You cannot solve a problem by using the same thought patterns that created the problem in the first place. (Albert Einstein)
In the present essay I argue that CCS can be seen as a game changing technology or as a game cheating technology, which allows us to further ignore the impacts of our behaviour on global climate until the carbon bubble bursts. As Albert Einstein has put it, we need to change our thought patterns if we really want to create a change. Using CCS technology to mitigate climate change only delays what we can already do now: Start thinking in a different way and stop our business-as-usual behaviour. On the other hand it can be seen as the only solution to the pressing problem global warming.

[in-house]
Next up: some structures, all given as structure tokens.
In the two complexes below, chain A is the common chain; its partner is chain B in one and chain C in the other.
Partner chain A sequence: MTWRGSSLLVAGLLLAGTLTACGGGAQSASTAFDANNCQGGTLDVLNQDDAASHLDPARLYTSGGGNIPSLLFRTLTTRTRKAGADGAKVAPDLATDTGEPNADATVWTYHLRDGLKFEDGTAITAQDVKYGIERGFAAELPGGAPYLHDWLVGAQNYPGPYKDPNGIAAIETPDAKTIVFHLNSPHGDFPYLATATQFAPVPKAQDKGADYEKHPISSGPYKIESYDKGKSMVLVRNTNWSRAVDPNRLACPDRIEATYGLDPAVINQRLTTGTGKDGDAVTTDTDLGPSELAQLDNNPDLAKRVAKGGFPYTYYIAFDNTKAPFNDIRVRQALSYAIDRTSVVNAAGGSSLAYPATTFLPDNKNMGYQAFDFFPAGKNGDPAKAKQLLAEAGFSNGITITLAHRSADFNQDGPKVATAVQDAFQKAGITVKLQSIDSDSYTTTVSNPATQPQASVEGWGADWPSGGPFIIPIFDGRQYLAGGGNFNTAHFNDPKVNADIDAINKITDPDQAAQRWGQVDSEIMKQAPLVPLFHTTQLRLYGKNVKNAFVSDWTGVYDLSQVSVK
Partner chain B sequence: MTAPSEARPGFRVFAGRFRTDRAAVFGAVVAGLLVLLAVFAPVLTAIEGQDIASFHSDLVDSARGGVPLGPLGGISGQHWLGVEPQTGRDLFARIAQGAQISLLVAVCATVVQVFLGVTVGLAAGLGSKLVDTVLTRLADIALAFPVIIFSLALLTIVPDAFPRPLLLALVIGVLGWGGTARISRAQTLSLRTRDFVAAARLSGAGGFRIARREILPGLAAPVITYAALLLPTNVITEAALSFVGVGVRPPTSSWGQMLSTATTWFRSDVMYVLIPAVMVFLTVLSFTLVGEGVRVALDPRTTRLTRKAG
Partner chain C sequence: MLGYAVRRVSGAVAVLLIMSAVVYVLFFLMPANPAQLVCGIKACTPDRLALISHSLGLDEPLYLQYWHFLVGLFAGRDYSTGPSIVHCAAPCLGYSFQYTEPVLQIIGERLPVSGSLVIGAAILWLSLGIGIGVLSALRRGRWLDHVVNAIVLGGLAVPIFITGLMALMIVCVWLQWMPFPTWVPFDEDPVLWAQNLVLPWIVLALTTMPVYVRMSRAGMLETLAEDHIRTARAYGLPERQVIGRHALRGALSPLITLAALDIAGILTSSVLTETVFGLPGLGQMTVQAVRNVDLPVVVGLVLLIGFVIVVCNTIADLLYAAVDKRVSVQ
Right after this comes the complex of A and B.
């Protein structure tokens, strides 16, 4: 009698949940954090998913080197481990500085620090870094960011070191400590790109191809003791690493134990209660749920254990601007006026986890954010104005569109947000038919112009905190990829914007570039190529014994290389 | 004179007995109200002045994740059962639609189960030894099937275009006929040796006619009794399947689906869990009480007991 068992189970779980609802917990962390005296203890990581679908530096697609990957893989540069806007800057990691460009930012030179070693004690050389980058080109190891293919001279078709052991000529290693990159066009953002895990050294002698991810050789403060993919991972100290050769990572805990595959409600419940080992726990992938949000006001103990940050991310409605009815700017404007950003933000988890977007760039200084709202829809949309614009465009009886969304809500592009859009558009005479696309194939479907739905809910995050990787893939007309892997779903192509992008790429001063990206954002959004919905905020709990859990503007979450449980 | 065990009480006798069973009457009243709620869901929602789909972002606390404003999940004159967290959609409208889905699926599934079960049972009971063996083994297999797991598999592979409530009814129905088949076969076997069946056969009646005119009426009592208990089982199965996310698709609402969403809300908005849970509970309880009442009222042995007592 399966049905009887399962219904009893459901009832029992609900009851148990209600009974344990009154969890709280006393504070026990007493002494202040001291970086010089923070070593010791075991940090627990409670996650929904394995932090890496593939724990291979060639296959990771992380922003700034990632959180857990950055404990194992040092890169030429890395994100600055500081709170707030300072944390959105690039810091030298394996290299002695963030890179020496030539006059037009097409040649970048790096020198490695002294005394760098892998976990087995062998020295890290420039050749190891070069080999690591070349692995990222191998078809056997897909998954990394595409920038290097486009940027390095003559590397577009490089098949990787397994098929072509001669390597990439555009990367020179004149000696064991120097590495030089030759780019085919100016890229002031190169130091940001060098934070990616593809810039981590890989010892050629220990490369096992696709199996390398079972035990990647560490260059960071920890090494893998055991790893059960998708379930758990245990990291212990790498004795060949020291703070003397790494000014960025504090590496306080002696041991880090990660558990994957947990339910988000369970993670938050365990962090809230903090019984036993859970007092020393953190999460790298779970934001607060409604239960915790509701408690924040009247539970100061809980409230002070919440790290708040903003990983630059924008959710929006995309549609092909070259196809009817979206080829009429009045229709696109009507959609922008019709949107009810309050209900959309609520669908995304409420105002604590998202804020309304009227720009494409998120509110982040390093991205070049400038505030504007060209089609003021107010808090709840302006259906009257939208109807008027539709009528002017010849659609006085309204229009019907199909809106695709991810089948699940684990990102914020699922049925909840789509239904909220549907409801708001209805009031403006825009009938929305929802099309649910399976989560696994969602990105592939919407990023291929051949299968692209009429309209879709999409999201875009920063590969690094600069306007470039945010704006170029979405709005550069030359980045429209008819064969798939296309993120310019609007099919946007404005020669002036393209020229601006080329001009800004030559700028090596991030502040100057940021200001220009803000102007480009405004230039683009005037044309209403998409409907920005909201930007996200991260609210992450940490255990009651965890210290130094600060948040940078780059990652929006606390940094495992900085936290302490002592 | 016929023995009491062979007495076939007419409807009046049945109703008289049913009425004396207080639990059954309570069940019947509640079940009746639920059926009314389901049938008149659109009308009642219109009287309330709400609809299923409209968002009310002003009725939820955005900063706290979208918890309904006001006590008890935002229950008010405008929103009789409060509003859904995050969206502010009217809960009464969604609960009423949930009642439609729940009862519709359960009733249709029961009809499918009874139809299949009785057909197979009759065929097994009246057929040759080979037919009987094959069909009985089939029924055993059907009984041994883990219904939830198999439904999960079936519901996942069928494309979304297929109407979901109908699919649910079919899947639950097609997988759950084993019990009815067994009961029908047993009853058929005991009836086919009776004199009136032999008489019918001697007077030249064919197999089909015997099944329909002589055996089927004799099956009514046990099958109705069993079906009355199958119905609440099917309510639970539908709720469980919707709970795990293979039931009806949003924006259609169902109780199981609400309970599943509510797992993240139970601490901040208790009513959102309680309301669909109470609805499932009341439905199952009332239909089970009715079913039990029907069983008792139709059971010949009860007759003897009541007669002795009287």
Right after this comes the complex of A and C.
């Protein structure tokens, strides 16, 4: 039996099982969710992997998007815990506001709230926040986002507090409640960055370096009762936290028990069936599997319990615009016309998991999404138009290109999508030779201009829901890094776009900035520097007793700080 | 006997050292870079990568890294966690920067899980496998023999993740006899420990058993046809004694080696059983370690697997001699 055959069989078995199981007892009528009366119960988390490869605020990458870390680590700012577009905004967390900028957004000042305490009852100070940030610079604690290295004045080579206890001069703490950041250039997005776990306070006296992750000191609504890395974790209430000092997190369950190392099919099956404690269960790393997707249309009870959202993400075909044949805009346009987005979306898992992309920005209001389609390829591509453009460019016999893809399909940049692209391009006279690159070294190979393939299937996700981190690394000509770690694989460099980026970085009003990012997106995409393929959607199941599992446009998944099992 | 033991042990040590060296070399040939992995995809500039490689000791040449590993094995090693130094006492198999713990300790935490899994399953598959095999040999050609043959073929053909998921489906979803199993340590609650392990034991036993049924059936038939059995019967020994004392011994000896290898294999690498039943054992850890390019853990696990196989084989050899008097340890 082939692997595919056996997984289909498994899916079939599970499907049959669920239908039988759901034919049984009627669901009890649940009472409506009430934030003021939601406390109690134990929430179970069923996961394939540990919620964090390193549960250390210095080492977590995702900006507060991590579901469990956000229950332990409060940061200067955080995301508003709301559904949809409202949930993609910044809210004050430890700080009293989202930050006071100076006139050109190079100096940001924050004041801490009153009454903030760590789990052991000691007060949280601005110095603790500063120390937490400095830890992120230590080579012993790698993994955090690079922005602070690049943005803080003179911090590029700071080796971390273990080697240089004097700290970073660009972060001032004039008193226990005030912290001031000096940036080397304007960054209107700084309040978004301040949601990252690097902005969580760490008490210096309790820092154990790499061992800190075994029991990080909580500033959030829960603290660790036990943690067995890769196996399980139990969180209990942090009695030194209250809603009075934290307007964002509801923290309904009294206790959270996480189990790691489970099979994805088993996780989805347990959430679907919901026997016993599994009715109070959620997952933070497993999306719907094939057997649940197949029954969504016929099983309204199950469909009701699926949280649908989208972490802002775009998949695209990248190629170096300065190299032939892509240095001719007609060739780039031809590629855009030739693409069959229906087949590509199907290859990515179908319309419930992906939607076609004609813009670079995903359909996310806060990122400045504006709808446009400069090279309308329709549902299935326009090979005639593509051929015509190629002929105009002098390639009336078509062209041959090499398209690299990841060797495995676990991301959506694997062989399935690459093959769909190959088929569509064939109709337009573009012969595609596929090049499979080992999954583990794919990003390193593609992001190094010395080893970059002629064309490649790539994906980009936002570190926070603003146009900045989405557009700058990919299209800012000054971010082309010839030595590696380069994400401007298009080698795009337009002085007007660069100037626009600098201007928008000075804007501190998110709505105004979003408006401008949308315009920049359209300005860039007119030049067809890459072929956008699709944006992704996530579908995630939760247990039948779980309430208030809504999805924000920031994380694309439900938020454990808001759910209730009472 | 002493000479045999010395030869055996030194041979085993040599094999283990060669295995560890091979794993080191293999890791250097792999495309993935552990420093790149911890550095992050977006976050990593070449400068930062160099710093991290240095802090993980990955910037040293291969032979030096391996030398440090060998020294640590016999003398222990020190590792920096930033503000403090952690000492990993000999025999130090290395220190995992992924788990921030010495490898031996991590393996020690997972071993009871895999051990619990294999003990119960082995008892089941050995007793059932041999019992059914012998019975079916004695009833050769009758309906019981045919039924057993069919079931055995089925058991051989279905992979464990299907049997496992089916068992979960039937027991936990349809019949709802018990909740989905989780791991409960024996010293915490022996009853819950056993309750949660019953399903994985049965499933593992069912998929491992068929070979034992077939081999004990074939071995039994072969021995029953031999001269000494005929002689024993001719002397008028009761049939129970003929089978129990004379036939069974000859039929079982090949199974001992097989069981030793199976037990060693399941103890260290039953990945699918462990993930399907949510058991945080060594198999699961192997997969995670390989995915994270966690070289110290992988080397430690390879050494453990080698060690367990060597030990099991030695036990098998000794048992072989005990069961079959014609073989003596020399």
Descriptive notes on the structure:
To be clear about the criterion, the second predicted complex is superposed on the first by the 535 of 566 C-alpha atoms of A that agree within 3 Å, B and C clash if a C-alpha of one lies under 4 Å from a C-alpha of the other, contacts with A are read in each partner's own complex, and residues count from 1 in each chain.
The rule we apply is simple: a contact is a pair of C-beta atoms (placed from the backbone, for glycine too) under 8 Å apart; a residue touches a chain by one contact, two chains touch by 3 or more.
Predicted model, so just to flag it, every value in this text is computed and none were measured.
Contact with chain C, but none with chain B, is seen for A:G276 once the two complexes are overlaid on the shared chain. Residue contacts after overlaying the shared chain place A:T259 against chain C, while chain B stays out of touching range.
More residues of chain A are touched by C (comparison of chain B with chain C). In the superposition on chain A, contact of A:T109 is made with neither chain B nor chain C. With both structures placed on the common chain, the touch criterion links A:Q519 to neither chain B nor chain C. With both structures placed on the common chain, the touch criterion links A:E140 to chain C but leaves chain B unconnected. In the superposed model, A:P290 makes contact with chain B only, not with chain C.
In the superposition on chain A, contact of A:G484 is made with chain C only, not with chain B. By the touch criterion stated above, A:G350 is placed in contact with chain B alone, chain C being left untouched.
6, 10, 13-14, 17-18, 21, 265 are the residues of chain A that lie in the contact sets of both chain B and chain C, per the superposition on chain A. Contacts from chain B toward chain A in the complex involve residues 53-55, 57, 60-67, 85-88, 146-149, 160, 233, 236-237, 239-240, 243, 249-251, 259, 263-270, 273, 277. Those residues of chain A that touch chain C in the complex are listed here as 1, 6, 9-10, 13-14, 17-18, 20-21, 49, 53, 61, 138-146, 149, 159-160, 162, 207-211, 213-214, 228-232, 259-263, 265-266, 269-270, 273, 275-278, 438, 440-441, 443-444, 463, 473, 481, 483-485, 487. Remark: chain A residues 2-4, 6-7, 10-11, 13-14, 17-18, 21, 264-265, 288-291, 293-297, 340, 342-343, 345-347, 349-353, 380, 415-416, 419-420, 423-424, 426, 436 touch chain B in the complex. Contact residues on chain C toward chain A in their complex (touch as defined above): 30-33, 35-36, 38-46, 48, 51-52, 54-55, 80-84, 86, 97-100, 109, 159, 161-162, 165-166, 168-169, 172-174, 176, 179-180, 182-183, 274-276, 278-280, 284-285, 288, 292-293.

In the first part of the essay I explain how CCS works and what advantages and disadvantages different technologies have concerning safety and energy penalties. The following part will argue how CCS could be the game changing technology. I will discuss the positive effects that CCS can have on the overall constitution of our atmosphere.
In the last part of my essay I concentrate on the long-term outcomes of the implementation of CCS and how it can rather be seen as a game cheating than a game changing technology. I will come to the conclusion that CCS is a dead-end street in climate change mitigation even though it has certain advantages like a quick and immediate reduction of greenhouse gases (GHG) and that the money invested in CCS R&D and installation is better invested in a long-lasting change of industrialised production, transportation and energy consumption, but that it is also at the moment a viable option as bridging technology until renewable energy resources have found their market niche. Due to word limitation I will not discuss other aspects of CCS such as the reception of CCS in public or the liability of operators or states.
CCS – what is it / Technology / how does it work?